Repentance for Others

The only exercise I get consists of three 30-minute walks each week on a treadmill a church member installed in my office. Walking for 30 minutes is boring and I made various excuses for skipping it. But after Pastor Lee bought a DVD player for me, and his wife started renting Korean dramas for me to watch while I exercise, I rarely skip it because I’m so anxious to see what comes next in the drama.

I’m currently watching “Beethoven Virus”, a drama that got high ratings in Korea. It’s about musicians who lead ordinary lives as policemen, housewives, grandfathers, and college students who form an orchestra under a world class conductor. Because the drama is about music, it features a lot of classical music. And it’s so beautiful! When I hear it, sometimes I can’t help but say, “It’s beautiful! Thank you, God!”

What does God have to do with music? Everything that is good and beautiful comes from God.

A couple of weeks ago, the characters in the drama successfully completed their first performance after overcoming many difficulties. The music they played in the scene was so beautiful that I got goose bumps.

Then suddenly, I started crying, and out of blue, these words came out of my mouth: “God, I’m sorry. I’m sorry. I’m sorry,” The realization that men are destroying all the good and beautiful things God created hit me like a thunderbolt.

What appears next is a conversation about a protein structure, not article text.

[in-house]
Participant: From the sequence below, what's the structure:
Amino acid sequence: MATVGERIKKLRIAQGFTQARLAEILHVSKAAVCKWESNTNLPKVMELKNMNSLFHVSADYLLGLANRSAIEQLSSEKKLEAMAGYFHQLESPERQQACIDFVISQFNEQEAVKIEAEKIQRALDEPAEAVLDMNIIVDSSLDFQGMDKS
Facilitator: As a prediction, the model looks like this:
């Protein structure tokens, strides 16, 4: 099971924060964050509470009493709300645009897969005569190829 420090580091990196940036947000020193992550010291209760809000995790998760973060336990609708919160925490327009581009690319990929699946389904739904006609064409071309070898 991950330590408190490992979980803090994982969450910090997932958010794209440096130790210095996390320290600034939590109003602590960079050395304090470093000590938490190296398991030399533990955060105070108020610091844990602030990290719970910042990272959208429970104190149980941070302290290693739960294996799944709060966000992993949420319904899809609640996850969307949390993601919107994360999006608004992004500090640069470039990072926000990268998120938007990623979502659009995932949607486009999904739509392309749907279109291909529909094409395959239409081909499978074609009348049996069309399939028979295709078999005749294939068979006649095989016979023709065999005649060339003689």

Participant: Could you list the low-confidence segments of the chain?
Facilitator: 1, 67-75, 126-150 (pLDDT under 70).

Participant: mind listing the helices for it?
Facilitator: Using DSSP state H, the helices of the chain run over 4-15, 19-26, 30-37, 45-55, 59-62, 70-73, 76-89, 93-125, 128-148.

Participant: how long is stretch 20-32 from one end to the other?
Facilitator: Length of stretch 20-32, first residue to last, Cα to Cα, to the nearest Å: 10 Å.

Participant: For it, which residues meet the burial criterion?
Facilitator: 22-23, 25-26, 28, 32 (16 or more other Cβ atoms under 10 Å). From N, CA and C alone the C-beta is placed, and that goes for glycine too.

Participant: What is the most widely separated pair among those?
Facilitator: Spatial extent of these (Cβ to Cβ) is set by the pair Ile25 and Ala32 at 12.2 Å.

God made the earth and men pollute it. God gave men intelligence and they use it for evil purposes. God bestowed artistic talents and men use them to create something decadent. God created family and men make it a place of arguments and quarrels. God gave friendship and men corrupt it with homosexuality.

As a member of the human race, I was so ashamed. I was especially ashamed because I had to admit that I was an active partner in destroying God’s goodness and beauty.

Then these words came out of my mouth: “Father, I will do my utmost to restore your goodness and beauty in this broken world. I promise.”

In the Old Testament, Ezra and Nehemiah repented for the sins of their ancestors. I didn’t always understand that, but I do now. When you encounter the true beauty of God, your can’t help but see the wickedness of human sins and repent over them, even when you didn’t commit them yourself.

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